Admittedly I was never Spector’s biggest fan during his tenure. In fact, that is an understatement. I have vivid memories of voicing extreme criticisms of his performances in whichever position it he happened to be playing in that particular game. I can even remember my exact reaction when the goal was disallowed.

Even when he does something right he finds a way to screw it up.

He shut me up mere minutes later.

Seemingly buoyed by exposing a chink in Man Utd’s armour West Ham went forward again. Obinna picked up the ball in the corner of the penalty area and sent in a floating cross. At some point in the first fifteen minutes he found the instincts of the poacher and got goal side of Darren Fletcher. Arching his neck he found a way to put the ball past Kuszcak and into the back of the net. This one stood. Spector scored his first goal for West Ham against his former club.

The tide of the game had turned. Snow had begun to fall on this special night as the fans roared on their team on under those famous lights. We were now winning most of the individual battles. Our home turf was rocking. The fans were singing. Man Utd were on the back foot.

Spector seemed to be on a mission to prove everything that I had said about him was wrong. After waiting for over 100 games to get his first, he only waited another 15 minutes before grabbing his his and West Ham’s second. Playing in that Scott Parker role he picked up the ball deep, turned past one statue disguised as a Man Utd player. He proved that the adage is correct. If you run at defenders with pace things happen. He stormed through a sleepy Man Utd defence before hitting a heavy pass into Obinna’s feet. To his credit, Obinna was able to lay the ball back off to Spector despite being under a heavy challenge by Fabio. From the six yard box Spector was able to slam the ball home from close range with Smalling and the goalkeeper unable to stop him.

West Ham were in dreamland.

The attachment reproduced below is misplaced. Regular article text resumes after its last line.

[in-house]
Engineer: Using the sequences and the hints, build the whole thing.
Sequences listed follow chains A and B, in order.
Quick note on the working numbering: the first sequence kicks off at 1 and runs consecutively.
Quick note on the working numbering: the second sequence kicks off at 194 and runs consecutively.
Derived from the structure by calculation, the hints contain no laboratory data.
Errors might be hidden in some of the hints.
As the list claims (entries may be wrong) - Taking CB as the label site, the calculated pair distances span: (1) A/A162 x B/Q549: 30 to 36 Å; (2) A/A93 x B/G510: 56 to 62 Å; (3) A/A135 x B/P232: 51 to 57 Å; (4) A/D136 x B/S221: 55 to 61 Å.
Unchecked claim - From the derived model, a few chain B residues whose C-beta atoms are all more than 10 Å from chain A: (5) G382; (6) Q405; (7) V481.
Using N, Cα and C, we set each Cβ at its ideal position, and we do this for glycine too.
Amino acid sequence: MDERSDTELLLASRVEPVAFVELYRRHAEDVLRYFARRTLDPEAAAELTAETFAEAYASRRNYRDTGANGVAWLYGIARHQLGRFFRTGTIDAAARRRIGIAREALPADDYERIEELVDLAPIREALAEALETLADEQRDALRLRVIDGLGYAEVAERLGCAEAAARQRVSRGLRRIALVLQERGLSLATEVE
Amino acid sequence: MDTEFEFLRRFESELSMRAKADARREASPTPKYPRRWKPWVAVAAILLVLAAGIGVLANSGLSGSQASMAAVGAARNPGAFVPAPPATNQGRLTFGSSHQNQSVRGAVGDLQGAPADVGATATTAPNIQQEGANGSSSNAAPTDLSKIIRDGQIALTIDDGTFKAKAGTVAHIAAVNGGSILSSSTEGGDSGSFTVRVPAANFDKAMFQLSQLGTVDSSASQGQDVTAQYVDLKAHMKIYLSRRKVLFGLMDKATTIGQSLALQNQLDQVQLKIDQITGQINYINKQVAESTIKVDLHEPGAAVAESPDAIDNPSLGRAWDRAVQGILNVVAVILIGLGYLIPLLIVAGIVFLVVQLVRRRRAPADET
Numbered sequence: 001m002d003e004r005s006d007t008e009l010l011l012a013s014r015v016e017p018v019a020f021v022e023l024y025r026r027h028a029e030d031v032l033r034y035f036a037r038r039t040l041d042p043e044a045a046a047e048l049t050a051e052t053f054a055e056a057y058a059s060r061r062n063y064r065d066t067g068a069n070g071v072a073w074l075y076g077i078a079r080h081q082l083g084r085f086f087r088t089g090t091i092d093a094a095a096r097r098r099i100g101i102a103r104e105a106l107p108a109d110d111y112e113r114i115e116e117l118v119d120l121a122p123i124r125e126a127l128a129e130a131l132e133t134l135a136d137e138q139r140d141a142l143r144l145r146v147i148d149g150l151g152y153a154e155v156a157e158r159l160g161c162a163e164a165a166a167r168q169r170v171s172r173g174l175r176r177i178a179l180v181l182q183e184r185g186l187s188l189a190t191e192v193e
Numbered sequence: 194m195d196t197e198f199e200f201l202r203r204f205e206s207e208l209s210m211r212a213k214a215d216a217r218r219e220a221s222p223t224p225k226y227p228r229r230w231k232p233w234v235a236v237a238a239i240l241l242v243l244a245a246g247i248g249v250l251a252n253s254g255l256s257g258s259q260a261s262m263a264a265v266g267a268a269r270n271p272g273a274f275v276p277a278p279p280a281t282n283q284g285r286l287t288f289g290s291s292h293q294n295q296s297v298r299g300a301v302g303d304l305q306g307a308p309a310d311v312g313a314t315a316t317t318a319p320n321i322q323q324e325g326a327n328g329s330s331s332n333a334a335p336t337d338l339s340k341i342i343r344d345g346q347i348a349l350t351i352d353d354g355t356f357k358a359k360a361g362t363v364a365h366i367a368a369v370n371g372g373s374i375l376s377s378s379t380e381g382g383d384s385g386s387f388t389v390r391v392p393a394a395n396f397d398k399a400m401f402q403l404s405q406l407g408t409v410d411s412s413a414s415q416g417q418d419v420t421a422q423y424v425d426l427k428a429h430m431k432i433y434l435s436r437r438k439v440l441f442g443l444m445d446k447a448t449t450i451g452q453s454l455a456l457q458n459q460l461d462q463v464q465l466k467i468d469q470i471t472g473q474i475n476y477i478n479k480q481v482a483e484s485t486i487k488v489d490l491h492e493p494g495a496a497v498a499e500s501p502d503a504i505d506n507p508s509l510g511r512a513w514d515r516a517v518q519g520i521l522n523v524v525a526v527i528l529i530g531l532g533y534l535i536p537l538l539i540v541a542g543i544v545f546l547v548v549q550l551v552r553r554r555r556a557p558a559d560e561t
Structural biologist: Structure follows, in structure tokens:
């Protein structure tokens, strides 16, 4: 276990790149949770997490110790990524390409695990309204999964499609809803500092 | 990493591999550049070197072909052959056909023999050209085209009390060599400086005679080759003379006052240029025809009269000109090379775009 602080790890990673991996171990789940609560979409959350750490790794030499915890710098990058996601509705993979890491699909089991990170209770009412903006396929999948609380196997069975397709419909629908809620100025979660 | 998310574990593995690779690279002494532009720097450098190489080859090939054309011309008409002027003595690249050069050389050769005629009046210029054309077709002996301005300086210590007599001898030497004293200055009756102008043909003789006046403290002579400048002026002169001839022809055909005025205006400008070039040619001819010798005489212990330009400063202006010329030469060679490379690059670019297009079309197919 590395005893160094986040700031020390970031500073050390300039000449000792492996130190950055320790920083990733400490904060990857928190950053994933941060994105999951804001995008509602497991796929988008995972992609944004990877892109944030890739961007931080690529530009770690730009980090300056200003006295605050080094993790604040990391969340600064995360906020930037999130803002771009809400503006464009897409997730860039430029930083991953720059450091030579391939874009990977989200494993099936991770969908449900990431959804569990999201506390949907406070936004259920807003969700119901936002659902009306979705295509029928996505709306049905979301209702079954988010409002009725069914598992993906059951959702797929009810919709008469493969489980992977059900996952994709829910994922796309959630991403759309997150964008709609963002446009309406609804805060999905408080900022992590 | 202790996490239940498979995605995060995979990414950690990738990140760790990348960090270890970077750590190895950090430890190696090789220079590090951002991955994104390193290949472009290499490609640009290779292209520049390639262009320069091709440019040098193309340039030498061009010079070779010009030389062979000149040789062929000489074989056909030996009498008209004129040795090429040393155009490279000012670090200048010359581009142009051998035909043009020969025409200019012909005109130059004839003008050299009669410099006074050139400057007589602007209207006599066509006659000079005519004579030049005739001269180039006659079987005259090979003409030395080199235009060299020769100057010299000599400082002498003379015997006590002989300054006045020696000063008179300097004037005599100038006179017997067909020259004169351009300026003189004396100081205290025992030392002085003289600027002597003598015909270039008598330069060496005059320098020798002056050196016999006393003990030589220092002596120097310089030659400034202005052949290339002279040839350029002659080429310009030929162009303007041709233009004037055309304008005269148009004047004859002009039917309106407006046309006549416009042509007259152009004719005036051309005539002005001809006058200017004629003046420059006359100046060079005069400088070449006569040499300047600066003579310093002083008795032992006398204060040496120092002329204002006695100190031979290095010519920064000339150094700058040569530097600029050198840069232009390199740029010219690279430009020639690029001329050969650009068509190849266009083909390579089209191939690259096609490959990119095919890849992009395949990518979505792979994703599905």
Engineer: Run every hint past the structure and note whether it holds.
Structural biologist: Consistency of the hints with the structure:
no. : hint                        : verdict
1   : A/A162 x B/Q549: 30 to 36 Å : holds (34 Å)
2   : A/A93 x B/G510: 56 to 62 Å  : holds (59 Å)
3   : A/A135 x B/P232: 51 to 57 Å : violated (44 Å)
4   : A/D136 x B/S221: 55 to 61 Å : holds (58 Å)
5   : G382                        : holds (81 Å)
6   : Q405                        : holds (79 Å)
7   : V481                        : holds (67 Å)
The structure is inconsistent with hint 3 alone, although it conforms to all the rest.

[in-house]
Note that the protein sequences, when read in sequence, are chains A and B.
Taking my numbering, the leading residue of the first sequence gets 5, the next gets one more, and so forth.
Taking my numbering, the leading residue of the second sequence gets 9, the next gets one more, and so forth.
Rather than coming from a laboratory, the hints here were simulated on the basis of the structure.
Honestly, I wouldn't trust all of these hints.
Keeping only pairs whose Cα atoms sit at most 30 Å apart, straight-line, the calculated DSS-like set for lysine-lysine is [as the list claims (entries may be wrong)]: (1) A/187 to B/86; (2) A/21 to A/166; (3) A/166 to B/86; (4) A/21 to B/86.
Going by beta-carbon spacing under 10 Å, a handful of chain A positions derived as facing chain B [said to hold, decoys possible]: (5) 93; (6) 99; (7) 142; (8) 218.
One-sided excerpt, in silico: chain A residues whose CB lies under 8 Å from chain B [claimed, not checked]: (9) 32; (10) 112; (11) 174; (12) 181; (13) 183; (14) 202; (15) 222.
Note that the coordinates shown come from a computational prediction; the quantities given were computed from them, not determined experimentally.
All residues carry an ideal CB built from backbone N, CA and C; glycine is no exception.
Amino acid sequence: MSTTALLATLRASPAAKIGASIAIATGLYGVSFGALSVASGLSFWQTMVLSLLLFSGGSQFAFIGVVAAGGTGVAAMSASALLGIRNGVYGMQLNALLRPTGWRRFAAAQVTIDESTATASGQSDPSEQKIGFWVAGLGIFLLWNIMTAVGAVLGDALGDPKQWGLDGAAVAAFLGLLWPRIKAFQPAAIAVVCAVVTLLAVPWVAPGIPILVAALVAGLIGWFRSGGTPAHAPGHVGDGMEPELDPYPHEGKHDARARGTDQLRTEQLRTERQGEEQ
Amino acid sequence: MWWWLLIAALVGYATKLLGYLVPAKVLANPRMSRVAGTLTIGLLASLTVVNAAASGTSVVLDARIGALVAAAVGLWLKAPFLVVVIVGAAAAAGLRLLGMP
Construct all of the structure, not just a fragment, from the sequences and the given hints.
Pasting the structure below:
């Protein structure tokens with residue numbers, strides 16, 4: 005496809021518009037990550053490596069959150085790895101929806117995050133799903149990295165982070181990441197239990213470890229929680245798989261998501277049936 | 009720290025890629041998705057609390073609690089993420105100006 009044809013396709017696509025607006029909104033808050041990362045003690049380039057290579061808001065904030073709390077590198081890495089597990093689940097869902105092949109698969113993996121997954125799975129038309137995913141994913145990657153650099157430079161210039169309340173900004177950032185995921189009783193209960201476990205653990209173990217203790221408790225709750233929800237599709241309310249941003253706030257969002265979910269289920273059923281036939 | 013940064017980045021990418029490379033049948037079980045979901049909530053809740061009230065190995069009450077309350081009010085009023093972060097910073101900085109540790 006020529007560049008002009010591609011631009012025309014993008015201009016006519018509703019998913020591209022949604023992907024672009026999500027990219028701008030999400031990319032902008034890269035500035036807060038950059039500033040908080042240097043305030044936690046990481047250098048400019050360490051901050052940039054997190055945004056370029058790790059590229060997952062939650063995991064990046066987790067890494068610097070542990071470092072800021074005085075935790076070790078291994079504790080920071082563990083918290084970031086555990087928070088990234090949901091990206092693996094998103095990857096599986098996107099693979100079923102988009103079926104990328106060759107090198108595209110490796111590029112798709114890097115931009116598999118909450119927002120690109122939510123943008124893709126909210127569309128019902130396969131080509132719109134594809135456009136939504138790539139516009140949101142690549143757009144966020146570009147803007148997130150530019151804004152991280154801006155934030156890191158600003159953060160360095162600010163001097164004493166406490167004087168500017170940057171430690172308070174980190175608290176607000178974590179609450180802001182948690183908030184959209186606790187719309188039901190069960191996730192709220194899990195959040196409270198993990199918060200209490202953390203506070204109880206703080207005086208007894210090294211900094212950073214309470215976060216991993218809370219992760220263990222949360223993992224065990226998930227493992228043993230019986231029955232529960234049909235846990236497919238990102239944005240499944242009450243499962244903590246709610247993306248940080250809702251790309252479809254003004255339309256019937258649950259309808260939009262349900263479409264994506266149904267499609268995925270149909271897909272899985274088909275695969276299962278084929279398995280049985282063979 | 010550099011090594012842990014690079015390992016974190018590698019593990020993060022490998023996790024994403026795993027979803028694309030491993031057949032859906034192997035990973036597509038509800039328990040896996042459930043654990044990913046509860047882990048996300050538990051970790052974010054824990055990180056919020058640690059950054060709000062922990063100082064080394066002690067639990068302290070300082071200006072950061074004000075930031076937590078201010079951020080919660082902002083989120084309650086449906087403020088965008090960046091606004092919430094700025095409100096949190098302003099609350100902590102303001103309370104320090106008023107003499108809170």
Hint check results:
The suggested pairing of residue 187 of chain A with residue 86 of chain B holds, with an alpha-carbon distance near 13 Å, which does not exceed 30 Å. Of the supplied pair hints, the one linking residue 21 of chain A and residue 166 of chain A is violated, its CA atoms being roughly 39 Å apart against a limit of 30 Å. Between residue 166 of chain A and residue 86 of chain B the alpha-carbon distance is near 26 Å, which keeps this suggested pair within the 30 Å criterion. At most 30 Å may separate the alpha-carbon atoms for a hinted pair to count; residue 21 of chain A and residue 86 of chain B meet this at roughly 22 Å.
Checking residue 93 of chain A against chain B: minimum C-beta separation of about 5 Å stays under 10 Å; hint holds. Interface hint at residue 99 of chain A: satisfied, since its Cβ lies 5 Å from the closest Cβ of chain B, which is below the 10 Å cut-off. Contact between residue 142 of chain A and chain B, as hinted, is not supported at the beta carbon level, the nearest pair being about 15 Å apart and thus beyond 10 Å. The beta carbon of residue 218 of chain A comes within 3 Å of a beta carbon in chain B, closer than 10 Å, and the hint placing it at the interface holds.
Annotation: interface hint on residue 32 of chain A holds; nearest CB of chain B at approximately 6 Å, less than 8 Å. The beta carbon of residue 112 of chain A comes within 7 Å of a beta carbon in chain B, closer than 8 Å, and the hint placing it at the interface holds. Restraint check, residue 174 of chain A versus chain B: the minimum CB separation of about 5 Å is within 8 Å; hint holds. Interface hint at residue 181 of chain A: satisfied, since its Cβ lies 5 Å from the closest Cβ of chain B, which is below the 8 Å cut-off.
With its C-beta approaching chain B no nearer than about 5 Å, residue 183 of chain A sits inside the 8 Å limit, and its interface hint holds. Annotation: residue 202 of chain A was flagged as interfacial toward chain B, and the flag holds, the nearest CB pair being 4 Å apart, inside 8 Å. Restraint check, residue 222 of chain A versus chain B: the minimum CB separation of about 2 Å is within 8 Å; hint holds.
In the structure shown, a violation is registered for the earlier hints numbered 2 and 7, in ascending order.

The mantra of the remainder of the first half was to keep the score line as it was. A Bebe header and botched Boa Morte clearance meant Green was called into action twice more before the break. The Hammers were able to hold on until half time.

The snow only got heavier as the second half began. West Ham continued their determined performance and continued to get the better of Man Utd. The score only got better as Obinna picked up the ball by the corner flag. Putting in a near perfect cross Carlton Cole was able to get on the right side Smalling and fire a header past the goal keeper.

3 nil.

We thought it couldn’t get any better.

Obinna, who had dazzled the Man Utd defence and already racked up three assists in this game, worked on his fourth when his quick feet and impressive trickery left Rafael Da Silva (who was on for his brother Fabio) on the floor. He then found Carlton Cole with a low hard pass inside of the area.

I have never rated Johnny Evans as a centre back and I am certain the reason why goes back to this moment. The way Cole controlled the ball and rolled Evans made me certain that they were Didier Drogba and Phillipe Senderos in disguise. The finish that followed was both composed and clinical and put Man Utd, and their unbeaten run, down.

What happened following this game and for the remainder of the season is best left forgotten. Tough, painful times would follow before ending with a relegation which set the club back years. What we must not leave to the history books was the performance of this and the elation we all felt when that final whistle blew.

I’m forever blowing bubbles….